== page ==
• Pfam-B entries are automatically generated from the ProDom database =-=(3)-=-, and are represented by a single alignment. (psu.edu)
  • INTRODUCTION InterPro (1) is an integrative database which was founded 10 years ago when the PROSITE (2), PRINTS (3), Pfam (4) and ProDom =-=(5)-=- databases formed a consortium to amalgamate the predictive signatures they individually produced into a single resource. (psu.edu)
  • In ProtCID, protein chains in the protein data bank (PDB) are grouped based on their PFAM domain architectures. (semanticscholar.org)
  • Pfam is a large collection of protein families and domains. (psu.edu)
  • We have made a concerted effort to build families from CATH domains (http://www.cathdb.info/) (9) that did not match a Pfam family in Pfam 26.0. (psu.edu)
  • Domains of unknown function (DUFs) are a large set of uncharacterized protein families that are found in the Pfam database. (iucr.org)
  • For example, if one or more members of a Pfam family have an experimentally determined function then this function can be tentatively assigned to the other proteins in that family. (iucr.org)
  • Domains of unknown function, or DUFs, are a large set of families within the Pfam database that do not include any protein of known function. (iucr.org)
  • Although no further DUFs appeared in SMART, DUF1 and DUF2 were added to Pfam in 1997 and little did Chris Ponting realise that he was starting a trend that would see thousands of uncharacterized and largely anonymous families being added to the protein-family databases. (iucr.org)
  • Cytosolic sensors and adaptors in myeloid cells integrate information to initiate a strong inflammatory response through the assembly of macromolecular protein complexes called inflammasomes. (rupress.org)
  • With respect to more standard docking algorithms it might be more suitable to handle protein conformational changes and to predict complexes starting from protein models. (biomedcentral.com)
  • Experimental studies, though, are faced with remarkable technical difficulties and the number of solved complexes deposited in the Protein Data Bank (PDB) [ 4 ] is still relatively small. (biomedcentral.com)
  • InterPare uses three methods to detect interfaces: 1) the geometric distance method for checking the distance between atoms that belong to different domains, 2) Accessible Surface Area (ASA), a method for detecting the buried region of a protein that is detached from a solvent when forming multimers or complexes, and 3) the Voronoi diagram, a computational geometry method that uses a mathematical definition of interface regions. (biomedcentral.com)
  • This procedure has been extensively used for ligand - G protein-coupled receptors (GPCR) and their complexes. (wikipedia.org)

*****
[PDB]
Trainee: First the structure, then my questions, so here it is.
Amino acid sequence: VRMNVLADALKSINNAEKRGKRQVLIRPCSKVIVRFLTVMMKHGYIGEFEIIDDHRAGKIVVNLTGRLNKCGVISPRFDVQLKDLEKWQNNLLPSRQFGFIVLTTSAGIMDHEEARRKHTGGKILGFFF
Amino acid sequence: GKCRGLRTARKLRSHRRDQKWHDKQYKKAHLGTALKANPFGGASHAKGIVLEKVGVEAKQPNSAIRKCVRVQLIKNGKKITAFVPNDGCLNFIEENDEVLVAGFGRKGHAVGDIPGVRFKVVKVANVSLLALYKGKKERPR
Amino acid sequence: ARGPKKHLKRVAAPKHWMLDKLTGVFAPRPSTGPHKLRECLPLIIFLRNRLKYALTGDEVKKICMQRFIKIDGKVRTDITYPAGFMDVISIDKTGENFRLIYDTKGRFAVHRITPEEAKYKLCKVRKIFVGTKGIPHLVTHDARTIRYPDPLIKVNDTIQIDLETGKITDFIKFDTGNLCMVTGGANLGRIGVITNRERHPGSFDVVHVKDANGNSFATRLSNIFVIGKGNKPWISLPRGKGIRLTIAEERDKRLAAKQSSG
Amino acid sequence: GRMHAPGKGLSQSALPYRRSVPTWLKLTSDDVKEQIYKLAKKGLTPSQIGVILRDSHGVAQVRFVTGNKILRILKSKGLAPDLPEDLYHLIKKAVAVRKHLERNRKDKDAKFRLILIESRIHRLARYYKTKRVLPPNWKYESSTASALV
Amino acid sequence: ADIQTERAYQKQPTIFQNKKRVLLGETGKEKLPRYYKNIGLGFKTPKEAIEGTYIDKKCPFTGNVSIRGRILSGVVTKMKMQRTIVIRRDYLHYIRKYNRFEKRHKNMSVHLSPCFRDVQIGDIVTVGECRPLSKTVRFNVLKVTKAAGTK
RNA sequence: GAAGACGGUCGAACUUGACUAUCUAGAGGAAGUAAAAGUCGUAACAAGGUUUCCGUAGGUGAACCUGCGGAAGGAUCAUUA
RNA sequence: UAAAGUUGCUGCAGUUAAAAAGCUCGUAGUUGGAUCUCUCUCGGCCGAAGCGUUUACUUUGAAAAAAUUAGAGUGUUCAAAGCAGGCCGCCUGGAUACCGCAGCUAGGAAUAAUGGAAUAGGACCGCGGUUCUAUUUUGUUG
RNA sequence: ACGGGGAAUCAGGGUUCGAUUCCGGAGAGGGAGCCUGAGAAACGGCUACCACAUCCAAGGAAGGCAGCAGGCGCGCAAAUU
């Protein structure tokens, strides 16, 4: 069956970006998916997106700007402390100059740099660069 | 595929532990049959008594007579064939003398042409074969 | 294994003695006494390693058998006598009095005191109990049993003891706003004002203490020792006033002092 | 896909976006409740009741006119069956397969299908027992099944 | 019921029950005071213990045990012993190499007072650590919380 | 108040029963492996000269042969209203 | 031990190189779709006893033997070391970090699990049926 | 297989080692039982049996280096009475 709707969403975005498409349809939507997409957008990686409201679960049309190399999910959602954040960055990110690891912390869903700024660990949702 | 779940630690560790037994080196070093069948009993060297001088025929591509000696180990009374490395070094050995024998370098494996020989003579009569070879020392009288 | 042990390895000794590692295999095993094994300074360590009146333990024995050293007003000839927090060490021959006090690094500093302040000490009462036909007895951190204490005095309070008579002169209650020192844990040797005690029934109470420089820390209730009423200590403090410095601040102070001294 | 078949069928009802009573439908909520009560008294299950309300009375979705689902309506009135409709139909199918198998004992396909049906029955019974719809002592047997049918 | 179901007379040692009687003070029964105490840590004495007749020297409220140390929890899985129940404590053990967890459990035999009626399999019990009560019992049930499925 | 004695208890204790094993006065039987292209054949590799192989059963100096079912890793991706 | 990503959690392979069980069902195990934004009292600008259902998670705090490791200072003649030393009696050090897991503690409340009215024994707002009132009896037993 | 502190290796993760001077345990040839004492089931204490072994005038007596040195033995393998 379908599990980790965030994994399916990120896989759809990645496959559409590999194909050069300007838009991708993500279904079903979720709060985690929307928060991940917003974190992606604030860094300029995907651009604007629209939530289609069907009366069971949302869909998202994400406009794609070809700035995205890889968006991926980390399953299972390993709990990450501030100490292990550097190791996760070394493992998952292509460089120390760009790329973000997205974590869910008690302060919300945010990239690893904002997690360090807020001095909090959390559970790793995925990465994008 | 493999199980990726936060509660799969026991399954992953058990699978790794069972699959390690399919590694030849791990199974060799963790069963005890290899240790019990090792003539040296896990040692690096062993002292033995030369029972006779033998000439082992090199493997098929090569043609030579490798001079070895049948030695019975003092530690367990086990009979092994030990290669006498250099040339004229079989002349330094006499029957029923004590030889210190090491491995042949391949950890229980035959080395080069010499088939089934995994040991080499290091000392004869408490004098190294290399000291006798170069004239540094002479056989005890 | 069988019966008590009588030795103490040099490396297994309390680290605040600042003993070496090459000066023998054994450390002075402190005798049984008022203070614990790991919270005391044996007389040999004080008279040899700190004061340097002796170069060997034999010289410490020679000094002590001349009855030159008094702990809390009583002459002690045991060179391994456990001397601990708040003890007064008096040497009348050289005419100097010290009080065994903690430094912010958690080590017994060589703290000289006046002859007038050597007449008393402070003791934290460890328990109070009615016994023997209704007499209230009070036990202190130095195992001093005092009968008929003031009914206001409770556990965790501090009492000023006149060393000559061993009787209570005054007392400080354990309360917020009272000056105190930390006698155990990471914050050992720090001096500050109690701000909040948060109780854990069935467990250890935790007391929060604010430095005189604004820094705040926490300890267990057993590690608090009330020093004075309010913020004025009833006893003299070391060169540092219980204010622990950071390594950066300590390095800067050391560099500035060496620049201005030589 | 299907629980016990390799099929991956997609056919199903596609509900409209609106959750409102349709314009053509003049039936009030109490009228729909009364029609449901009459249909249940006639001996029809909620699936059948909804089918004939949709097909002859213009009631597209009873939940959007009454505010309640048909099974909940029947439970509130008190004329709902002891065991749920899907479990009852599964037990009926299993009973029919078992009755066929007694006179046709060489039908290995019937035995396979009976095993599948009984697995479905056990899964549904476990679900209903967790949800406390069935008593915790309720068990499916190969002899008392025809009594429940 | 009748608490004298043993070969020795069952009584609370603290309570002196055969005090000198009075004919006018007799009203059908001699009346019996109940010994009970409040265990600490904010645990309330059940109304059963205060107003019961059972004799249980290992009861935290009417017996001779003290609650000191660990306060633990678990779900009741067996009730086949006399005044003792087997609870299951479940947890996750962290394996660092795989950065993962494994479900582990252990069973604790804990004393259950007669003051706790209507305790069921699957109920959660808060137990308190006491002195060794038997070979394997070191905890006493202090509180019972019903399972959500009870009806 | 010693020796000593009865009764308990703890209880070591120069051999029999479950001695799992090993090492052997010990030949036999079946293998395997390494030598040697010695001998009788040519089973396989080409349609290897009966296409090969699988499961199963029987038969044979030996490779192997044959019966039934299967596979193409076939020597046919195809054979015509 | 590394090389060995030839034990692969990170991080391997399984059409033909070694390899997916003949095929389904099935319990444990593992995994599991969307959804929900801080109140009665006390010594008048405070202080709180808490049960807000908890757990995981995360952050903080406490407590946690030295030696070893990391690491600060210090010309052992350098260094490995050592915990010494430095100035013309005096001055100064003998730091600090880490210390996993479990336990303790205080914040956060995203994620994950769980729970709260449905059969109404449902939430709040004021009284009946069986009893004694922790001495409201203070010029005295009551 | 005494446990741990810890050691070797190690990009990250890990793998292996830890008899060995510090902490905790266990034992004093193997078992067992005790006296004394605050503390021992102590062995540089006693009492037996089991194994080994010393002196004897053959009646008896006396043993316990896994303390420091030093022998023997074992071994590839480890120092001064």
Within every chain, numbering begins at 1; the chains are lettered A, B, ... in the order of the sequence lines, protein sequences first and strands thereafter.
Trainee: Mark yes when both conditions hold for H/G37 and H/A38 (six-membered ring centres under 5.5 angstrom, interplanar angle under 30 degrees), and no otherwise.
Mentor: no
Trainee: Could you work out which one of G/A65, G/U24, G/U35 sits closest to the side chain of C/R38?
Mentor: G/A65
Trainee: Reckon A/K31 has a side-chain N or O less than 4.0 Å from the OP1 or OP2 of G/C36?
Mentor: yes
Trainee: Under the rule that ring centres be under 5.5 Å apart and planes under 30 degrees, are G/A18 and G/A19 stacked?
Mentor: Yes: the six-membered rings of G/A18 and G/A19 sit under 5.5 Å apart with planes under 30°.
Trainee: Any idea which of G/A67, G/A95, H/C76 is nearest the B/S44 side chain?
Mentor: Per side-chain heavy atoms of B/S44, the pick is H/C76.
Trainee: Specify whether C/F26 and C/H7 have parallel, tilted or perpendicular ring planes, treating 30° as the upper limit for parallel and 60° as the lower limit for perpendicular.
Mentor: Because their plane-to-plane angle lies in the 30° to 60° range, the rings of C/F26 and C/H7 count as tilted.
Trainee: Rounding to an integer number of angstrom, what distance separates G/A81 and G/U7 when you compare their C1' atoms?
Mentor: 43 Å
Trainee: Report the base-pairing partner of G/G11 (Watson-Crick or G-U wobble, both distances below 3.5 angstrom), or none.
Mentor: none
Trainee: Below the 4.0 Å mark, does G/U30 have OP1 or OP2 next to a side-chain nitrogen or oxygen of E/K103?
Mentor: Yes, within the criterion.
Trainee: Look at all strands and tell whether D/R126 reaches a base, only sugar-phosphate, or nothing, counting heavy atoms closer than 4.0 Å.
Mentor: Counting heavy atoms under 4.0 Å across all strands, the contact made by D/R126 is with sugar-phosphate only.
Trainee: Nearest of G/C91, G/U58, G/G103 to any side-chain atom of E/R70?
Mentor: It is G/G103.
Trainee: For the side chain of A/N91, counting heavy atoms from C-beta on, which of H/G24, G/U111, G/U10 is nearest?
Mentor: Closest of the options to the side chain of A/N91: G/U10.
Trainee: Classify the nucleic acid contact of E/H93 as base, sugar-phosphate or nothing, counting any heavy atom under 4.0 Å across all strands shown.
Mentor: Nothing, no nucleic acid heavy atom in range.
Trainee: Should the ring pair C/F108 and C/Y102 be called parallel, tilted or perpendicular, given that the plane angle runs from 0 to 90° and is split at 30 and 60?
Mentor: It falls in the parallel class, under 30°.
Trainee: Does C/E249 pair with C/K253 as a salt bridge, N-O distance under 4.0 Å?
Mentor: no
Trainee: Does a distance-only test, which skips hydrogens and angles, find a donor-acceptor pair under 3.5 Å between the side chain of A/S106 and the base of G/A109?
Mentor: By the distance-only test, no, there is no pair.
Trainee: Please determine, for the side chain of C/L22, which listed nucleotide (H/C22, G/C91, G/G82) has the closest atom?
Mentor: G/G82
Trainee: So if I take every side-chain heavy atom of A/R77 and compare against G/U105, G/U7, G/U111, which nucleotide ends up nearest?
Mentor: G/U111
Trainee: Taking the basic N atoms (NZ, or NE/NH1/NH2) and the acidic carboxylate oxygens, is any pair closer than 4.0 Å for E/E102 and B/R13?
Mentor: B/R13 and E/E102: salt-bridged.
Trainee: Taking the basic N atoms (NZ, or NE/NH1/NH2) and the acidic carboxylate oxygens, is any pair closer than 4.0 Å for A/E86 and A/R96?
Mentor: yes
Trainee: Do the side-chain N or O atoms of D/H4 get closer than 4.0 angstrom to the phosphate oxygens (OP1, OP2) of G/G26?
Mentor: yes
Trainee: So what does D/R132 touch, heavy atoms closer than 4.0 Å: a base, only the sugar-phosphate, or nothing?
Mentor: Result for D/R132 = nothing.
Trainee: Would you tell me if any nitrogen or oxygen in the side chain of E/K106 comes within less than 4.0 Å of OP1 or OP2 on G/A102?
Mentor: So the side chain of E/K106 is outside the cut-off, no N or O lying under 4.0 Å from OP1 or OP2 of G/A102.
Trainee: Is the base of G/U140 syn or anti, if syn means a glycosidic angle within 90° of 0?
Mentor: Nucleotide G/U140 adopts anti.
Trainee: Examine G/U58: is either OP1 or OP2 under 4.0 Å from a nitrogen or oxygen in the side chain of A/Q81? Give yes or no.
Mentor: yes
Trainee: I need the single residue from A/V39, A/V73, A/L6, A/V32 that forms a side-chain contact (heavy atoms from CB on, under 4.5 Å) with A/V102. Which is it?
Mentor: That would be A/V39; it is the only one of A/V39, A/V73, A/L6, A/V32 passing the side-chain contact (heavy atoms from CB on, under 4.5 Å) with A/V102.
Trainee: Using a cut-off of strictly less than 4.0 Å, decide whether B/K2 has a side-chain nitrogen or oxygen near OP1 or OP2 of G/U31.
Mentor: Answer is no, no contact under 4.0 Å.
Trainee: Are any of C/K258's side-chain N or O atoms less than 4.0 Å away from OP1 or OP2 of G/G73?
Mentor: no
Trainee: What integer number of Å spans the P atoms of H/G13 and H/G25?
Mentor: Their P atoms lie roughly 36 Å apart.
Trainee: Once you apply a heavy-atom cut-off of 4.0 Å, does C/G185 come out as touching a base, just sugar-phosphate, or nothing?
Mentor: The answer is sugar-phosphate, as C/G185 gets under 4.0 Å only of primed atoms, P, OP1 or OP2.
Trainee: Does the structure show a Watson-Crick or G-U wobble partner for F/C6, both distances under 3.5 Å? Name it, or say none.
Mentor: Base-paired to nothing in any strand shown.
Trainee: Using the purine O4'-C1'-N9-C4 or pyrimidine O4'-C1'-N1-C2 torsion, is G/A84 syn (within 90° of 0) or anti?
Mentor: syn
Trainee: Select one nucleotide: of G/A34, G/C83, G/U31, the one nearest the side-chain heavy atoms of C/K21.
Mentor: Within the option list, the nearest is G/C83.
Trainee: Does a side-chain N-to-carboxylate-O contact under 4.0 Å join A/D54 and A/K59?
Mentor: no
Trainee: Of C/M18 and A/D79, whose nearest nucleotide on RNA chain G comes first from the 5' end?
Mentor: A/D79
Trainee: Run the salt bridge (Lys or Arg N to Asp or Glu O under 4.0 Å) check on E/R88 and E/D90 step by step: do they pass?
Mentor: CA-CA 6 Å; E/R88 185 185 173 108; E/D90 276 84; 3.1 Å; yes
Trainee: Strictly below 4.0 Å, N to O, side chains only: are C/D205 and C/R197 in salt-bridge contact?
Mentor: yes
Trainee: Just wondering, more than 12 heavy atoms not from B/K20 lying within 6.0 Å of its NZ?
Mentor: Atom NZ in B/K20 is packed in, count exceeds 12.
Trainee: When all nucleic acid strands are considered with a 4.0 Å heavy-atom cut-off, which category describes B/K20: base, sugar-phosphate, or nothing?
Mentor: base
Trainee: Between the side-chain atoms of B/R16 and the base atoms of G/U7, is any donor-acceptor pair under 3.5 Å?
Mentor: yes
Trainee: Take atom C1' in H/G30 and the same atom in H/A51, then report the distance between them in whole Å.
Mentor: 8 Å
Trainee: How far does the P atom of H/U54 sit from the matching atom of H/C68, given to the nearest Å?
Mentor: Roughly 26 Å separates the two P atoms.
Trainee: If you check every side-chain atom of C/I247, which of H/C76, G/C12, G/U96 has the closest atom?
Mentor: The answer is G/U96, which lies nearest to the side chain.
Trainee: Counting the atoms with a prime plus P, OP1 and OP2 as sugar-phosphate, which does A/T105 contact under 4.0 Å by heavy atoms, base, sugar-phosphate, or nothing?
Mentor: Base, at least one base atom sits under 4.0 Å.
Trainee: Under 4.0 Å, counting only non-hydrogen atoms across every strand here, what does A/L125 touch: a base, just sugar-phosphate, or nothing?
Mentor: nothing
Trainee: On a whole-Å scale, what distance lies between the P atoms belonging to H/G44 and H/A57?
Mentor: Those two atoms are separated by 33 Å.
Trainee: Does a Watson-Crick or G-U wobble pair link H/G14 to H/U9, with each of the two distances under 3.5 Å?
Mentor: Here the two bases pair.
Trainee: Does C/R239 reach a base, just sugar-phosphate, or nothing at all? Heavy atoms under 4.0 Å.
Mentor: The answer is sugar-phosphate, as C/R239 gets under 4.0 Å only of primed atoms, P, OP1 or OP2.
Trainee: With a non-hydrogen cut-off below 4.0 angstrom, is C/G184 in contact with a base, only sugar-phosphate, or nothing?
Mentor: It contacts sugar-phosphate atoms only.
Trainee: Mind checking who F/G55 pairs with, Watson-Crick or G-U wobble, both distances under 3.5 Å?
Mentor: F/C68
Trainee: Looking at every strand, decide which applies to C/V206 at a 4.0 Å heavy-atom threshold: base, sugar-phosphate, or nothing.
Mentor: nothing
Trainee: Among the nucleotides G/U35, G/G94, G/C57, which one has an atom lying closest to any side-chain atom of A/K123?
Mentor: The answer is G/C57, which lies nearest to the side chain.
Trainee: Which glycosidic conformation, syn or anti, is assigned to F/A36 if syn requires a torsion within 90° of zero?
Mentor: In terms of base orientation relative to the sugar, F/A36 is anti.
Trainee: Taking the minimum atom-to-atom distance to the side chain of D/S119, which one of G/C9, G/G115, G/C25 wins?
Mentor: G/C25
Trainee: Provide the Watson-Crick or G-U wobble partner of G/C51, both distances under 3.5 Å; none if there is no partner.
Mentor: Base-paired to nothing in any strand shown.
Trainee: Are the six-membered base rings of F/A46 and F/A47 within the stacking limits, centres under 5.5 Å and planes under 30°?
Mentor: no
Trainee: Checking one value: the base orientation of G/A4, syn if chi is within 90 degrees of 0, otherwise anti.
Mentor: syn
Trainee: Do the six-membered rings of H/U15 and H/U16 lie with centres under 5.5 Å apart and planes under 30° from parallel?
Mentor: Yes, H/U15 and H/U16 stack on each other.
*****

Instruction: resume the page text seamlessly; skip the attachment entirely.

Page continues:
• In the public domain, availability of over 5000 small molecule complexes within databases is the result of many effective studies performed in this field (Deng, Chuaqui, & Singh, 2004). (igi-global.com)
  • Responses to TGF-β/BMP signals are mediated by Smad proteins, which form complexes and accumulate in the nucleus to directly bind and regulate enhancers of BMP-targets upon signaling. (sdbonline.org)
  • p>When browsing through different UniProt proteins, you can use the 'basket' to save them, so that you can back to find or analyse them later. (uniprot.org)
  • As a result of that, databases such as the Online Mendelian Inheritance in Man (OMIM) [ 6 ] and UniProt [ 7 ] together contain almost 30,000 experimentally verified mutations. (biomedcentral.com)
  • Get the amino acid sequence of your protein. (umass.edu)
  • Whereas noncatalytic domains may target the PTPs to specific intracellular compartments in which the effective local concentration of substrate is high ( 3 , 19 , 51 ), the PTP catalytic domains themselves confer site-selective protein dephosphorylation by recognizing both the phosphotyrosine residue to be dephosphorylated and its flanking amino acids in the substrate. (asm.org)
  • Protein ubiquitination consists of the covalent attachment of the ε-amino group of a target protein lysine to the carboxylic group of the ubiquitin (Ub) C-terminal glycine via an isopeptide bond. (mdpi.com)
  • Domains vary in length from between about 25 amino acids up to 500 amino acids in length[citation needed]. (wikipedia.org)
  • ACT domains are linked to a wide range of metabolic enzymes that are regulated by amino acid concentration. (wikipedia.org)
  • Because they are close, if one of them is replaced with a smaller amino acid, one of its neighbors may be replaced by a larger one, to maintain protein stability. (labo.de)
  • In a protein, amino acids co-evolve with other amino acids in ways to compensate for changes that are introduced. (labo.de)